posted by rhizome at 9:22 AM on August 5, 2010

Give yourself some deadlines and/or goals to work within. For instance you could tell yourself that you need to have a song 'finished' every week. The song doesn't have to be good (and likely won't be at first) but will undoubtedly get better with each go. Simply having a concrete goal or framework always helps because you'll be unlikely to notice your growth or improvement without specific markers. And I suspect that writing rhymes and honing that will likely develop your freestyle skills in the process.

Stream of consciousness writing seems like it would be helpful. Maybe do a timed session of 5 minutes where the pen can't stop moving until the time is up. And try it verbally for shorter bursts of time.

Also, slow everything waaaay down and freestyle as slowly as you can. Literally don't allow yourself more than four syllables (or so) over each bar. Make it as easy as you can. Build it up a little bit at a time.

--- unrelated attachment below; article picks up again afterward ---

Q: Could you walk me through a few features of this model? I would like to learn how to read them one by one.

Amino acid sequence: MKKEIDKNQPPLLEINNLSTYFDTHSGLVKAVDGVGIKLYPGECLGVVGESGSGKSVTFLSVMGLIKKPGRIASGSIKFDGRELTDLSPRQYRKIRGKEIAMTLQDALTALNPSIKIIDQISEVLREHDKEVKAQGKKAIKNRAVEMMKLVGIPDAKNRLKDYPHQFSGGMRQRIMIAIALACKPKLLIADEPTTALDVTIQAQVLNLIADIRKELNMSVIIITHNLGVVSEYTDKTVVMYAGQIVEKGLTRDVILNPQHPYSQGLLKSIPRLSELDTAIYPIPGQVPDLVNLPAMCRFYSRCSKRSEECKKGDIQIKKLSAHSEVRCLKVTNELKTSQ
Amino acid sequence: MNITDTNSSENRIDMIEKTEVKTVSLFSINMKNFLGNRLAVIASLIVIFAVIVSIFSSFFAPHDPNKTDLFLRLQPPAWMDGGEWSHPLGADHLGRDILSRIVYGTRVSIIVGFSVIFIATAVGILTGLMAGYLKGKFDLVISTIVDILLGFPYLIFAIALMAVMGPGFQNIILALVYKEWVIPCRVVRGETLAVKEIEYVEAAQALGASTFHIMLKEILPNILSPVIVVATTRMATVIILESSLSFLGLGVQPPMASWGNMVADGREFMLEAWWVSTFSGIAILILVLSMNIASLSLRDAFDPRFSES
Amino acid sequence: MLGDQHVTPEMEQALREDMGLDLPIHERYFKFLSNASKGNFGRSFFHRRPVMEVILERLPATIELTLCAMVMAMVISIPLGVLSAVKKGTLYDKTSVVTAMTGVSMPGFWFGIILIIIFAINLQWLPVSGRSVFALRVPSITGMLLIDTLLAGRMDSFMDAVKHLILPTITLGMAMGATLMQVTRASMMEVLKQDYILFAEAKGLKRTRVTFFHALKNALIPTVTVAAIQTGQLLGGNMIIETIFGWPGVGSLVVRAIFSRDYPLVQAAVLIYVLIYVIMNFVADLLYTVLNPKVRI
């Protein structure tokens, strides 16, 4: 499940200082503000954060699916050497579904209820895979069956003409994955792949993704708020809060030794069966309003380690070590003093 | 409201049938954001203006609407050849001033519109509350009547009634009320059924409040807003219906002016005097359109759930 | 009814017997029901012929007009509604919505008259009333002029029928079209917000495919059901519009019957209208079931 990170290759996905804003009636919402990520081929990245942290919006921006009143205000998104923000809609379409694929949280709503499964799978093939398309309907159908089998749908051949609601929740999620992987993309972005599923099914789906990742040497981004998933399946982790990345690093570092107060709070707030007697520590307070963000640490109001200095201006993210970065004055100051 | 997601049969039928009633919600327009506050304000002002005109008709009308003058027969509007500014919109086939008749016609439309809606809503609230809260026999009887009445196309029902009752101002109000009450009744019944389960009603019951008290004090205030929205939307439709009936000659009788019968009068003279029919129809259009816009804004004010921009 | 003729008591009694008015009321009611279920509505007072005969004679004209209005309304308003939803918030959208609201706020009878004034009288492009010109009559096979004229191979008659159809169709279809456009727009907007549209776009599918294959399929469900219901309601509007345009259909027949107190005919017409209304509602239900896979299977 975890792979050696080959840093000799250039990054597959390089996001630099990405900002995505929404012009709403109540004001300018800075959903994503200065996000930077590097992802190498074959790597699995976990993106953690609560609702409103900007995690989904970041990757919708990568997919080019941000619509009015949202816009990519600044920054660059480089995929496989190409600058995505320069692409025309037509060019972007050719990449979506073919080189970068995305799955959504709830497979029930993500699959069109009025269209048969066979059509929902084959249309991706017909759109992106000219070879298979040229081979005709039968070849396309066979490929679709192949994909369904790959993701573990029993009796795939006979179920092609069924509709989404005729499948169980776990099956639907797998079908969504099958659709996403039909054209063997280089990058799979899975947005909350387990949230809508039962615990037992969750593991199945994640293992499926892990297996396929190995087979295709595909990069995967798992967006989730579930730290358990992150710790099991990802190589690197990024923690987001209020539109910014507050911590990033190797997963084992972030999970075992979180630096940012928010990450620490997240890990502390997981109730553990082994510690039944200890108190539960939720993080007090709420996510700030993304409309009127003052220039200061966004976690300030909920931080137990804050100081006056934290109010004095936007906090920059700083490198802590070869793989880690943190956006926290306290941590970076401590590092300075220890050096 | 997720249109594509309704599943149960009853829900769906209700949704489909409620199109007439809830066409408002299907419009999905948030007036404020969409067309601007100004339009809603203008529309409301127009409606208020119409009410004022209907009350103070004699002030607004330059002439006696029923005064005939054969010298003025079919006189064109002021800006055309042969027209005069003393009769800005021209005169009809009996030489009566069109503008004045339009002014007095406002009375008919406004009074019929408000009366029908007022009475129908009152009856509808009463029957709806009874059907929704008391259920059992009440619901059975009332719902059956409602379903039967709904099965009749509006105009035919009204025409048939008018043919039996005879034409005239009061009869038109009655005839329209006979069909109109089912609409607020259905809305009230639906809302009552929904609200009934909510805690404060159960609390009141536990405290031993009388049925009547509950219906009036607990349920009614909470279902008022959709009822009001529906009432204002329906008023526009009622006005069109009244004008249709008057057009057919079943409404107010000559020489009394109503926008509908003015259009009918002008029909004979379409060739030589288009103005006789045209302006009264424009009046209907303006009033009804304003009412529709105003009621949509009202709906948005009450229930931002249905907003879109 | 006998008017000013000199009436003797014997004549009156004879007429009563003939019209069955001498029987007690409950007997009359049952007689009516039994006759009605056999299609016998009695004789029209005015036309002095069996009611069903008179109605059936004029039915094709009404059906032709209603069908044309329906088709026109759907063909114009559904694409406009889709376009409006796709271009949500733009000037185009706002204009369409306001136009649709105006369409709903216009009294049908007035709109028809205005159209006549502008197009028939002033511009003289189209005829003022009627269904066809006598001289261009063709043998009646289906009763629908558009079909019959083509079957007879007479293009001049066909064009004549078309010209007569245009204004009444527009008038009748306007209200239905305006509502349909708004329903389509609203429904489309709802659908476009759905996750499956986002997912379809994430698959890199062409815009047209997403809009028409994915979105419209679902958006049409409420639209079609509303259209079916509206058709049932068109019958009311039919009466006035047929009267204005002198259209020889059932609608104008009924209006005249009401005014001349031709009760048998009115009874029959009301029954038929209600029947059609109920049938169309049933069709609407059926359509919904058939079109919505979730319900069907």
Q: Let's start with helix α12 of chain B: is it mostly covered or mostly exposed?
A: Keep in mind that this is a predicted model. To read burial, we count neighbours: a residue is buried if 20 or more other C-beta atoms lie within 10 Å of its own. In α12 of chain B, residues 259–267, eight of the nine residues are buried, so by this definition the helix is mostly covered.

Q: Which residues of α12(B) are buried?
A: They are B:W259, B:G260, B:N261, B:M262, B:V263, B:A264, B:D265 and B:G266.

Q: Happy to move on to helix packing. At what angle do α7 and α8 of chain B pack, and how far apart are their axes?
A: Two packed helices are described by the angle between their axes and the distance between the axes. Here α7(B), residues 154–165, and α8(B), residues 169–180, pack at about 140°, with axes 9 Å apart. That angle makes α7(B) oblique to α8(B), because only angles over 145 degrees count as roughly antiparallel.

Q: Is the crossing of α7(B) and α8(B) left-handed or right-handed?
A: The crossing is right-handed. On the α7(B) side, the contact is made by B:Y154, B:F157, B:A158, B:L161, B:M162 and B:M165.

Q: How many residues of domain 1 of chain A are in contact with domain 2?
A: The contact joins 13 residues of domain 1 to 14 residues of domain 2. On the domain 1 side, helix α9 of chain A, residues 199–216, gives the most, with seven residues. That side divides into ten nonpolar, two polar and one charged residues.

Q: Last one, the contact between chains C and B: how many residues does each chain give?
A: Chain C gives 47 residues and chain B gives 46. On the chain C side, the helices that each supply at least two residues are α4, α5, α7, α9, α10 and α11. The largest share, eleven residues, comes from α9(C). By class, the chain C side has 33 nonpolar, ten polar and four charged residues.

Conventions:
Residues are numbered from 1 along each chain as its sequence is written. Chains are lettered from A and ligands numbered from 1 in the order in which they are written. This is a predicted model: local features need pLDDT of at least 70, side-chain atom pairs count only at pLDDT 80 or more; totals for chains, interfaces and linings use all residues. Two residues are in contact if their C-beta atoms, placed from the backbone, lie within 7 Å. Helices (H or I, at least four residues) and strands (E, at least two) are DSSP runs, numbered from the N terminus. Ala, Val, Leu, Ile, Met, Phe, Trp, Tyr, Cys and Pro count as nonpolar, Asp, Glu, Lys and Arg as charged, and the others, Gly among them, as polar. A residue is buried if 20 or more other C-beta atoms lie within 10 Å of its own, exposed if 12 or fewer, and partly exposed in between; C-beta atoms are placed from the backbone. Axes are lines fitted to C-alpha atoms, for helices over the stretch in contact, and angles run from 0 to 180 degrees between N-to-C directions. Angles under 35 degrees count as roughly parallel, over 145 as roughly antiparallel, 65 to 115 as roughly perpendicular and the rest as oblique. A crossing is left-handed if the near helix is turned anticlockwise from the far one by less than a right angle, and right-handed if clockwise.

I always recommend ICS sessions to people who are trying to juice up their skills and creativity. I find it really effective and fun.

(+1 for the Critical Beatdown suggestion.)
posted by palacewalls at 9:53 AM on August 5, 2010

...and by 'verbally' i mean, you know, with your mouth. Out loud.
posted by palacewalls at 9:54 AM on August 5, 2010

Whenever you have downtime is an opportunity to work on your skills. Have a mix of simple beats (instrumental, natch) in your car or iPod and freestyle over them. It's the best way to exercise the improvisational faculties. I've done a lot of freestyle poetry, though not a lot of it has been rapping. The more you do it the better you get. The best practice possible is to go up in front of others at an open mic (but don't do it until you've practiced quite a bit, you don't want to freeze up there).
posted by Kattullus at 10:57 AM on August 5, 2010

« Older Global Keratin Hair Taming treatment: personal...   |   Damn these flies Newer »
This thread is closed to new comments.